R.R. 3:2A-6, requiring a motion to suppress illegally seized evidence to be made before trial, became effective January 2, 1963, after the trial, and therefore does not control this case. The only procedural barrier against defendant pertinent here was R.R. 1:5-1(a) which required defendant to have stated his objection to the evidence at the time adduced. State v. Smith , 37 N.J. 481, 489 (1962). However, in view

of the plain error rule, the importance of the constitutional right involved, the fact that objection was actually made during the trial, although not until the conclusion of the State's evidence, and the absence of objection to our consideration of the issue by the State, we shall in the interests of justice entertain it.

The search here was conducted without a warrant and was not incidental to an arrest. It can be justified as reasonable within the Fourth Amendment, therefore, only if the circumstances fairly bring it within the exception to the requirement of a search warrant generally known as the "exceptional circumstances" doctrine, referred to in Johnson v. United States , 333 U.S. 10, 14, 15, 68 S. Ct. 367, 92 L. Ed. 436 (1948); McDonald v. United States , 335 U.S. 451, 454-455, 69 S. Ct. 191, 93 L. Ed. 153 (1948); United States v. Jeffers , 342 U.S. 48, 51, 52, 72 S. Ct. 93, 96 L. Ed. 59 (1951); Chapman v. United States , 365 U.S. 610, 615, 81 S. Ct. 776, 5 L. Ed. 2 d 828 (1961); Ker v. California , 374 U.S. 23, 42, n. 13, 83 S. Ct. 1623, 10 L. Ed. 2 d 726 (1963); cf. Taylor v. United States , 286 U.S. 1, 5, 6, 52 S. Ct. 466, 76 L. Ed. 951 (1932); and more aptly described as the "urgent necessity" rule in State v. Macri , 39 N.J. 250, 254 (1963). Compare the concept of "exigent circumstances" in an analogous situation mentioned by the court in Miller v. United States , 357 U.S. 301, 308-309, 78 S. Ct. 1190, 2 L. Ed. 2 d 1332 (1958).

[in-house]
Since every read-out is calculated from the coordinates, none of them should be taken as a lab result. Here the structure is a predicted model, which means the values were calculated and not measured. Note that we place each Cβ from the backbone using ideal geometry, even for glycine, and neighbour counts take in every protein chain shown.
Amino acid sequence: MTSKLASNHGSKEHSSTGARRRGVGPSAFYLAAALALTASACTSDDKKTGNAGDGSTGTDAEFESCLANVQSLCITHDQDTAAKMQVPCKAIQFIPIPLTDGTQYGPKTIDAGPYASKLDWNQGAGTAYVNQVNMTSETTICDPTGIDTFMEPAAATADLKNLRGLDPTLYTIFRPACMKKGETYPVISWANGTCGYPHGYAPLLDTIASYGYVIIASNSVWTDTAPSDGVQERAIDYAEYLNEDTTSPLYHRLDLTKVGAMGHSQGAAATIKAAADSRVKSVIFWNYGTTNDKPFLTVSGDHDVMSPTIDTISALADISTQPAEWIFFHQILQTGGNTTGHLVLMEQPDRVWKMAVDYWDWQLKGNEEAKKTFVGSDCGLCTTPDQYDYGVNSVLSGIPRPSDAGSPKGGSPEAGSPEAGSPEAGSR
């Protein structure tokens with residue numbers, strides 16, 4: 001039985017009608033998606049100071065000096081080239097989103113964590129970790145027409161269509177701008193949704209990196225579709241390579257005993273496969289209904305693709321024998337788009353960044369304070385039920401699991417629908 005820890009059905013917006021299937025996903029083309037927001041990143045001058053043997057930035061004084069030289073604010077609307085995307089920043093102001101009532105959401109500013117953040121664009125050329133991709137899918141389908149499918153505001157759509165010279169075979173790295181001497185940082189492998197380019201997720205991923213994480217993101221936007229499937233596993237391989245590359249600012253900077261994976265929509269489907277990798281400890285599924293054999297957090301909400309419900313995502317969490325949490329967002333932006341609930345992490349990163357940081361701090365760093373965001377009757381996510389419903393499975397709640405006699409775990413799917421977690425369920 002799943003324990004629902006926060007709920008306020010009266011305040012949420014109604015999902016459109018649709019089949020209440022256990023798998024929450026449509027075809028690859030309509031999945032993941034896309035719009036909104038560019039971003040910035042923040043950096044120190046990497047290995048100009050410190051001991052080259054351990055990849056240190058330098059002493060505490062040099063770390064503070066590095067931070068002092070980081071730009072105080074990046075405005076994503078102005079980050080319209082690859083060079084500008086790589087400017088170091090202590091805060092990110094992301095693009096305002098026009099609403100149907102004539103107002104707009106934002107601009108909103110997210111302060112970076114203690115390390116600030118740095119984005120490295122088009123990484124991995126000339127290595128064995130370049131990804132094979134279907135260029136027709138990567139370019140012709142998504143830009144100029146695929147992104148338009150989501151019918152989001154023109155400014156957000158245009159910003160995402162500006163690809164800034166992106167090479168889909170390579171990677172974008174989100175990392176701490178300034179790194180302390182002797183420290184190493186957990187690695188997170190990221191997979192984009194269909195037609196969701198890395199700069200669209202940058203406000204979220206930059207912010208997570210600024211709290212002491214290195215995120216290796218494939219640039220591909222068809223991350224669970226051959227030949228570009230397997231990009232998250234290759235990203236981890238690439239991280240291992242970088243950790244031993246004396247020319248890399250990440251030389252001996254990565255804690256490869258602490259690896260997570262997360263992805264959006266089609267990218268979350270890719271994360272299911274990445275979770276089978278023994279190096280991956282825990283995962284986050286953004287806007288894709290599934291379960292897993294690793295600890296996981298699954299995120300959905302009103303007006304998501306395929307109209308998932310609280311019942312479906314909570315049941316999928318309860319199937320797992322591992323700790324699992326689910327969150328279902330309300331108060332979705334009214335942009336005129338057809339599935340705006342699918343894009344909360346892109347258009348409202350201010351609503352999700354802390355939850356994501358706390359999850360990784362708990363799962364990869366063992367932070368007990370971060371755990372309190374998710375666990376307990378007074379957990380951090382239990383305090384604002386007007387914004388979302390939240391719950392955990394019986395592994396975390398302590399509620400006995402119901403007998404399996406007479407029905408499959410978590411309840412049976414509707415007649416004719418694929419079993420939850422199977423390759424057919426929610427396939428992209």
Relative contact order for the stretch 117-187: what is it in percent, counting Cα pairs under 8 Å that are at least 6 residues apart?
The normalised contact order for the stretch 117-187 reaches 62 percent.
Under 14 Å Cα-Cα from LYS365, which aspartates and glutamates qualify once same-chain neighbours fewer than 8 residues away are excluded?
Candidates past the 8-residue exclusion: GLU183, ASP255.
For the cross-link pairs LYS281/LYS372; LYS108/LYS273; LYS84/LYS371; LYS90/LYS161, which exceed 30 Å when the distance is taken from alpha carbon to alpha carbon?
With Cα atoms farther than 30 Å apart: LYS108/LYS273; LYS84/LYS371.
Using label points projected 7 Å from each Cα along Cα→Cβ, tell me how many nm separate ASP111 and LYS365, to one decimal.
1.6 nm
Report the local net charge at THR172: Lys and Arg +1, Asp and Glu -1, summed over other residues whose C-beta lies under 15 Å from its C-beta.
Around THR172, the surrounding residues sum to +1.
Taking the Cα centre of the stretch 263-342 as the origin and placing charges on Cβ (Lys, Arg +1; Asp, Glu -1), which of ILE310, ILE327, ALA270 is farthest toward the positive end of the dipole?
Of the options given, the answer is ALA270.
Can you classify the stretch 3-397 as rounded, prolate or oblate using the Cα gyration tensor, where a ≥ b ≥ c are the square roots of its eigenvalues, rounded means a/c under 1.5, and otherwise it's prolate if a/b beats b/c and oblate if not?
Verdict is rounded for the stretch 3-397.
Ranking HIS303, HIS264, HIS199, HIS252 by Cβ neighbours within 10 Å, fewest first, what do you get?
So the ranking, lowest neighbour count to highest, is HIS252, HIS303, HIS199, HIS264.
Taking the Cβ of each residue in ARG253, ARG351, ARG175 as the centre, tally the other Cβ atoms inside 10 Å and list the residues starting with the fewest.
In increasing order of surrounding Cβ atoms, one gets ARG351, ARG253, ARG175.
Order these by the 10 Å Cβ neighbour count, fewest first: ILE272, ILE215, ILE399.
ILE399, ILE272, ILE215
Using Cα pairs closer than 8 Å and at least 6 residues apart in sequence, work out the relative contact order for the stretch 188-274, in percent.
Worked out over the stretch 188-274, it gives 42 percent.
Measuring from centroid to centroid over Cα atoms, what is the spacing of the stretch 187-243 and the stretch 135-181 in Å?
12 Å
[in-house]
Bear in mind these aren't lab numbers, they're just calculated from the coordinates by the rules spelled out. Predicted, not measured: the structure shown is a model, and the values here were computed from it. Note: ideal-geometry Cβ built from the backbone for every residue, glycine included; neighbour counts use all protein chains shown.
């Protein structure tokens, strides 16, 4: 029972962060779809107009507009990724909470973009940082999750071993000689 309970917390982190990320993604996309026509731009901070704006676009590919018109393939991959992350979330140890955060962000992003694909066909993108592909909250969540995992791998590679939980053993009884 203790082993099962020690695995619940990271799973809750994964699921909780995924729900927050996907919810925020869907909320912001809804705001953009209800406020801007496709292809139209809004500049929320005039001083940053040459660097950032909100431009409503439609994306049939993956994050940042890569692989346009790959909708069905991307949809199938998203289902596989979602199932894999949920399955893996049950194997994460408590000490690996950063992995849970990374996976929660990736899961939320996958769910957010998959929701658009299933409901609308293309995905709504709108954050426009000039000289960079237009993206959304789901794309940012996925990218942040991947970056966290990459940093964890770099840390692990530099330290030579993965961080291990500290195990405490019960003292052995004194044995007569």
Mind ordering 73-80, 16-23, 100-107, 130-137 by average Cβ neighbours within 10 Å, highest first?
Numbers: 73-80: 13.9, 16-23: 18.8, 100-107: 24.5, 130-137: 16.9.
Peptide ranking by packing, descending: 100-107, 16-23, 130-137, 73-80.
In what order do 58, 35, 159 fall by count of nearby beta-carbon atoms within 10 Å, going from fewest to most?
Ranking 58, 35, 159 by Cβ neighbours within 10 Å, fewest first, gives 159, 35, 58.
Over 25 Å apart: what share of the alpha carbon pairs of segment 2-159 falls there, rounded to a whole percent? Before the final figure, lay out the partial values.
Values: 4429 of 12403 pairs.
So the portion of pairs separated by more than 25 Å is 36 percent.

It is of interest that no federal or New Jersey appellate decision has been found actually sustaining a search without a warrant, not incidental to an arrest, on the express basis of the exceptional circumstances rule.*fn2 And this notwithstanding a plethora of cases striking down searches for illegality [83 NJSuper Page 569] although involving situations where the police authorities may reasonably have thought it necessary from a law enforcement standpoint to search without a warrant. In United States v. Jeffers, supra , it was emphasized that while an exemption from the requirement of a search warrant lies both for searches incident to a valid arrest and in "exceptional circumstances," in both instances "the burden is on those seeking the exemption to show the need for it" (342 U.S. , at p. 51, 72 S. Ct. , at p. 95).*fn3 "The exigencies of the situation" must appear to make the by-passing of the warrant "imperative." McDonald v. United States, supra (335 U.S. , at p. 456, 69 S. Ct. , at p. 191). And in every case of claim of exceptional circumstances, what is measured by the court is the justification for not first obtaining a search warrant -- generally speaking a sine qua non of a lawful search -- in the light of the urgency of the circumstances being invoked to excuse its absence. Chapman v. United States, supra (365 U.S. , at pp. 614-615, 81 S. Ct. , at p. 776); Johnson v. United States, supra (333 U.S. , at pp. 14, 15, 68 S. Ct. , at p. 367). In both of the cases last cited the court stresses: (1) that inconvenience to the officers and the slight delay involved in processing the application for a warrant is never a convincing reason for proceeding without one; and (2) the fact alone that the officers are in possession of information of crime adequate to procure a warrant can never justify them in searching without it. Ibid. On principle and logic, these precepts must govern no matter how strong the evidence of criminal activity on the part of the person whose home or effects are searched.